I couldn't see pass "today"...  "How much time do I have? What stage is my breast cancer? Did it spread? Is it in my lymph nodes? Is it treatable? Will I lose my breast? Will I have chemo and radiation? and OMG, am I'm going to lose my hair?..." Questions that weren't answered for 2 weeks until my consultation visit with my breast surgeon.  2 weeks of worry, still not knowing how bad my breast cancer was. Can you imagine all the fear racing through my head and trying to keep myself together.  I had to stay focused. I knew I had to be strong, and I knew I was in for a long hard fight ahead of me. 

We decided not to tell our son at this time until after we see the surgeon and decide from there on how much to tell him. My mom was shocked and couldn't believe it for she had had lumps removed from her breast twice and they were benign.                               2 long weeks later, I met with my surgeon who told me that I have a rare and aggressive form of cancer that doesn't respond to hormone therapy, chemo was my only option. My cancer was Stage2 and, I was given the option to have a lumpectomy or a mastectomy, a very hard decision for me to make.

 I immediately took a leave of absence from my jobs for I was constantly on the run with several medical appointments and just trying to keep head together. I had a breast MRI that showed the cancer was isolated to the one area. On my birthday, August 20th, I had 6½ hours of testing at the hospital for blood work, bone scan and chest x-rays. 

SURGERY  On the day of surgery at the hospital I had another fun, fun procedure that no one warned me about, Grrr! - Sentinel Lymph Node Biopsy, a NEEDLE injection of blue dye into my areola just below the nipple. OMG, that was the worst pain that I have ever felt, the stinging shot across my chest to my shoulder and down my arm. Thanks for the free piercing but I'd rather have passed!
I did go with the lumpectomy, had 7 lymph nodes from my armpit and chest tissues, no cancer in the nodes! 
I had an incision under breast, in armpit, and side where the draining tube comes out, ICK! I was fairly bruised and swollen on whole left side.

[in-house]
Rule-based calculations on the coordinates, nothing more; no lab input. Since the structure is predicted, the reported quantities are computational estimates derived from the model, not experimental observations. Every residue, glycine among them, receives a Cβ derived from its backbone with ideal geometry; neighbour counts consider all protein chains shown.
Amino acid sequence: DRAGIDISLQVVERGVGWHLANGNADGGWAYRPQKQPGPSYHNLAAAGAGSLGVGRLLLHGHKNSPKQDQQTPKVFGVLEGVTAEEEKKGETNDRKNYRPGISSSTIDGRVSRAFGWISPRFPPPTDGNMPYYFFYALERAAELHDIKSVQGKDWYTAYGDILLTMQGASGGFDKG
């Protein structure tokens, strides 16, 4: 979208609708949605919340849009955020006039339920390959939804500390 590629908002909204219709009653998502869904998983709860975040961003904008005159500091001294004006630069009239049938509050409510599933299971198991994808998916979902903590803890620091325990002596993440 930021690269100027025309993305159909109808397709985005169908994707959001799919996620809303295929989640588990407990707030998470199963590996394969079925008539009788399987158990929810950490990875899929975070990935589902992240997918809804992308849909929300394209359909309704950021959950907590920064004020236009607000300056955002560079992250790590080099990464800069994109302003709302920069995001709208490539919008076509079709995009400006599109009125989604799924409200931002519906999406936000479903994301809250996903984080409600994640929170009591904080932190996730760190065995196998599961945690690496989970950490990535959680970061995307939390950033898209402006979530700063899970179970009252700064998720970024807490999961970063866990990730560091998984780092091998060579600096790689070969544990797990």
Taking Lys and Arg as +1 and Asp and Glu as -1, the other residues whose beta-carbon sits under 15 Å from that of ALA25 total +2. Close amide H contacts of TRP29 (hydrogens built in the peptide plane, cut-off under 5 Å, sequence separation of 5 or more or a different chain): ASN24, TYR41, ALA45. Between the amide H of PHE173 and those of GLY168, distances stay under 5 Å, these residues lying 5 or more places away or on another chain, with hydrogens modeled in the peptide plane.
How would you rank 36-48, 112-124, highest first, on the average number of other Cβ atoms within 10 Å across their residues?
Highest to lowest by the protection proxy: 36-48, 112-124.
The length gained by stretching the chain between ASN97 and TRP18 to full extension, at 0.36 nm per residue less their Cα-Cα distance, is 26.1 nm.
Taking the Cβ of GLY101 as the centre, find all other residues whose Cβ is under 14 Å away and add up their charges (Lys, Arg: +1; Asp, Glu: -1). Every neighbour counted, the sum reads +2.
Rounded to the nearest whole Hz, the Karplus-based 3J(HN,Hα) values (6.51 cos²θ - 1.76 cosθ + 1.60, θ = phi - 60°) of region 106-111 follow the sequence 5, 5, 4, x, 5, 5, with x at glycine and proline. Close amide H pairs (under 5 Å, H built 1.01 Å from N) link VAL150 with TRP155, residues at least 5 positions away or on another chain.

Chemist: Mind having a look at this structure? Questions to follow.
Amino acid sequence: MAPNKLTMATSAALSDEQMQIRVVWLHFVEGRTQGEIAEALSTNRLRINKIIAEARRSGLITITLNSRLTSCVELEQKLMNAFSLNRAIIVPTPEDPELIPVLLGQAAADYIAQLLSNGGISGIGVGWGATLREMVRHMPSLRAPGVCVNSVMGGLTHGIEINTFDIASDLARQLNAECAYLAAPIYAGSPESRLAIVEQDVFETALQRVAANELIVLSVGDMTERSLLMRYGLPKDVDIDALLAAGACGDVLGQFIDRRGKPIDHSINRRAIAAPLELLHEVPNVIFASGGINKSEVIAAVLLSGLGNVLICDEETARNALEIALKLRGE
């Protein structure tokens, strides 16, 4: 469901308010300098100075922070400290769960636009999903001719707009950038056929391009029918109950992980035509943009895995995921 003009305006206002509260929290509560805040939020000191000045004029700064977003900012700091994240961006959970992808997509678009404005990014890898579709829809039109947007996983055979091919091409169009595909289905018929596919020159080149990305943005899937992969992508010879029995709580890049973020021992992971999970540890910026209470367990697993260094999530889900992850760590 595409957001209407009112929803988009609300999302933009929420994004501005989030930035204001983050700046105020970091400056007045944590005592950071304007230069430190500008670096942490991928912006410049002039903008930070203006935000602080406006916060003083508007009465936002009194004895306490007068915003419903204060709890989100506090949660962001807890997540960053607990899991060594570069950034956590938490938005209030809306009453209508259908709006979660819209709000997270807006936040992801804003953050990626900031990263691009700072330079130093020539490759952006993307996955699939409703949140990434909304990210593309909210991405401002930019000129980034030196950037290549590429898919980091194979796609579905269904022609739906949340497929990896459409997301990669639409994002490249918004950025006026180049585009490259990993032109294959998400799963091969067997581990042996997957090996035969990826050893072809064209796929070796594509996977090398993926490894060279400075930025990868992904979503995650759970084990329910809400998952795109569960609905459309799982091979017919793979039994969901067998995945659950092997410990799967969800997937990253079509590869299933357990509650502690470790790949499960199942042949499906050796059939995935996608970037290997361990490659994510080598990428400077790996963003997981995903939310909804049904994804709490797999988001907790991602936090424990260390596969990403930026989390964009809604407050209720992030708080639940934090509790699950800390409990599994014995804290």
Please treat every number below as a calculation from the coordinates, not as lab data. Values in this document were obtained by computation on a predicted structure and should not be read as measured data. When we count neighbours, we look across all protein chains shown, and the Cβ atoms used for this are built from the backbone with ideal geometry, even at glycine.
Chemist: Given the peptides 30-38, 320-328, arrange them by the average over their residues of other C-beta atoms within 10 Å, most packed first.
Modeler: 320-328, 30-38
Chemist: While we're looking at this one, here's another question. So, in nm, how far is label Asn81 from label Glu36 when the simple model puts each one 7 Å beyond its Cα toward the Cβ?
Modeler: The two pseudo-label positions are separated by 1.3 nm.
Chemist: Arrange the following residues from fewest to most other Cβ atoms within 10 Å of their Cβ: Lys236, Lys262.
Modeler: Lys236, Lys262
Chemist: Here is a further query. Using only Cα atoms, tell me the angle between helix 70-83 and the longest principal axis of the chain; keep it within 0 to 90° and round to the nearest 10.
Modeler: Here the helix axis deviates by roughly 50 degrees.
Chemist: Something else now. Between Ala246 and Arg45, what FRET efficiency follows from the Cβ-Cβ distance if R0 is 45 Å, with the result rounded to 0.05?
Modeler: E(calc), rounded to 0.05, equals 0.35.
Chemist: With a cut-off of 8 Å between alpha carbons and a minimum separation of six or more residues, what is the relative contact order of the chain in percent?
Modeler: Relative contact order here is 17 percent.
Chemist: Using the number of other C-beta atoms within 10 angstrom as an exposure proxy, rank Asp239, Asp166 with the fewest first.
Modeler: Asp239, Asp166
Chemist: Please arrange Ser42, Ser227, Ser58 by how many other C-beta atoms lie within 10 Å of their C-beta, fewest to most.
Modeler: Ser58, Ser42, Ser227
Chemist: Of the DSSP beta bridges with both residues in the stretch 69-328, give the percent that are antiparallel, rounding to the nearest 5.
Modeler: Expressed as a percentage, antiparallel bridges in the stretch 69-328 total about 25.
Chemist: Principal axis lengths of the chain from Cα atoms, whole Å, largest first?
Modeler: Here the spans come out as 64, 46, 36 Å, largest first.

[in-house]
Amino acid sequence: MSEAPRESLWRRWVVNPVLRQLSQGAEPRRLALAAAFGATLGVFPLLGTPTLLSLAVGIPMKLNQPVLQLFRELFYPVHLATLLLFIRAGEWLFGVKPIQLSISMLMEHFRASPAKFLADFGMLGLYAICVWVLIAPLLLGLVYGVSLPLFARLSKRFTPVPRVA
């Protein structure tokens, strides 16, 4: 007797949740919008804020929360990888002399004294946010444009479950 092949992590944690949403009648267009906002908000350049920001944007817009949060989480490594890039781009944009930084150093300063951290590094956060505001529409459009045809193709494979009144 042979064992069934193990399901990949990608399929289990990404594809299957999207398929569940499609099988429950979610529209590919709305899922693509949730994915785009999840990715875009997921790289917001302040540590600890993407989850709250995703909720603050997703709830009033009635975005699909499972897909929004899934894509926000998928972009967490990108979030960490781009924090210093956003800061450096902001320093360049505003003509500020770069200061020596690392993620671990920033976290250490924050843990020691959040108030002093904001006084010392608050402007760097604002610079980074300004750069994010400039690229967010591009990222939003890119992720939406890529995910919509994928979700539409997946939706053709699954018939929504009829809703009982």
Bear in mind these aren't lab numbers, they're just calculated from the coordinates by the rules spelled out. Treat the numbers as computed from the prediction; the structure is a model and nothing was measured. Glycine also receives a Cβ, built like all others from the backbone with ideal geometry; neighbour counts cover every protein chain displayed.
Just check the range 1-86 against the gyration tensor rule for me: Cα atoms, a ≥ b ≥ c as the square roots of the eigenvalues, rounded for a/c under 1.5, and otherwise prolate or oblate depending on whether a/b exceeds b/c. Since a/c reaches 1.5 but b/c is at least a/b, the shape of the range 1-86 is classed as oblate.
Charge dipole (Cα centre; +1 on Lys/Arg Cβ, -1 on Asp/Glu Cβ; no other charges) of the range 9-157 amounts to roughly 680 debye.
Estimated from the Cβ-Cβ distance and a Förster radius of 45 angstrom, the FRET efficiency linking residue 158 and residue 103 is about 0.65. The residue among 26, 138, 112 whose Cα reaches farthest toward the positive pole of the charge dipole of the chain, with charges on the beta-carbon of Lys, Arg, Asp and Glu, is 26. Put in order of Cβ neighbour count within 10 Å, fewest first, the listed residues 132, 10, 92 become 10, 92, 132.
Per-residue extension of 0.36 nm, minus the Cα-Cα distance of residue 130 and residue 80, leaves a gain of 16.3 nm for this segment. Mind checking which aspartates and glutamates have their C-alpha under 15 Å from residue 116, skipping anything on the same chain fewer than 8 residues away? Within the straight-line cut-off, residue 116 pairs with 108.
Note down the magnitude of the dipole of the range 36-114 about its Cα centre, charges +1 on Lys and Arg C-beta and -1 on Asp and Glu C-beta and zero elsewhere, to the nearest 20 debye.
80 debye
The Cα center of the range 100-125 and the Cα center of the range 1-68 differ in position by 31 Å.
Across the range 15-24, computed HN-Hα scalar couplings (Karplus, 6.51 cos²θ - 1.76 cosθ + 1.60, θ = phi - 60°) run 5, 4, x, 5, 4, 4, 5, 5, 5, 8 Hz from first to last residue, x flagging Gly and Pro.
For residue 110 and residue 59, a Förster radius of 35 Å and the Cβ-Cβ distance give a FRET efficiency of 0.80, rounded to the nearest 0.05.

I had the post-op draining tube in me for 5½ weeks and had developed an infection in my breast and side with severe pain, fever and chills.

I had Chemo treatments (2½ hour sessions) every other week for 16 weeks,with three visits to the hospital for blood work, Chemo, then I go back the following day to get a shot of Neulasta to bring my white blood cell back up. First set of Chemo was an intense cocktail chemotherapy, Adriamycin and Cytoxan known as the "Red Devil" that was very potent but for the most part I did very well - nausea controlled by meds, tingling and numbness in hands, some upset stomach, back pain, lost of appetite and food tasting bland and red blood cell count decreasing. The Chemo had thrown me into early menopause with hot flashes and night sweats.  

I remember telling my husband about a week after my first Chemo treatment of how wicked it was. I felt like I had a bad hangover 24/7. Told him that I can't do this, this is awful and that the cancer is going to come back again so what's the point. I had to find that inner strength in me again to just do it, focus on 1 day at a time
My scalp became sore and tingled as I started losing hair about 3 days after my 2nd chemo treatment, going from shedding to rapidly falling out in clumps just by running my fingers through my hair.  I never wore a wig, just my bandanas and fleece hats to keep my head warm. 

The 2nd set of chemo, Taxol was a little easier on me - no nausea but the tradeoff was that it made me extremely tired, my bones in my legs ached all the time and these chemo sessions were now about 6 hours long!  
I managed to keep my eyebrows and lashes until my last chemo treatment. I've lost most of my muscle tone, fingernails turned yellowish-orange,  I've lost  a few toe nails that turned black and peeled off. I developed this clicking noise in my ears.  My hair came back in white like chick feathers and then turned curly salt and pepper look.

I had 33 radiation treatments, 5 days a week for 6½ weeks. I had to get fitted for a mold of my upper body that I had to lay in with my arms pulled back behind my head during radiation treatments. The techs tattooed 5 dots (Woo Hoo, my first tattoo!) on my chest and breast area and with a permanent marker drew lines connecting the dots to be exact as the machine closed in on my chest and zaps my boob 4 times with radiation.  
Each treatment only took about 10 minutes.
I didn't feel a thing nor did it hurt, just warmth, but I had one tanned boob, actually it was burnt crisp.
I embarrassed a male intern who wanted to examine me and I said, "Doesn't it look like a dried up baked potato?", He just smirked. 

After I completed all my treatments, I had my chemo port removed surgically from my chest. 

Nearing the end of my treatments I felt lost, life after cancer treatments was a lot harder than when I was going through it. People seem to think that when you're done with treatments and is cancer free that it's done and over, put it behind you, things can go back to normal... Only if it was that easy. I've struggled some... the life I once had, there's no going back to... so many changes that I had to learn to cope with.  I lost both of my jobs. I had 2 years of extreme fatigue and feeling constant scatter-brained.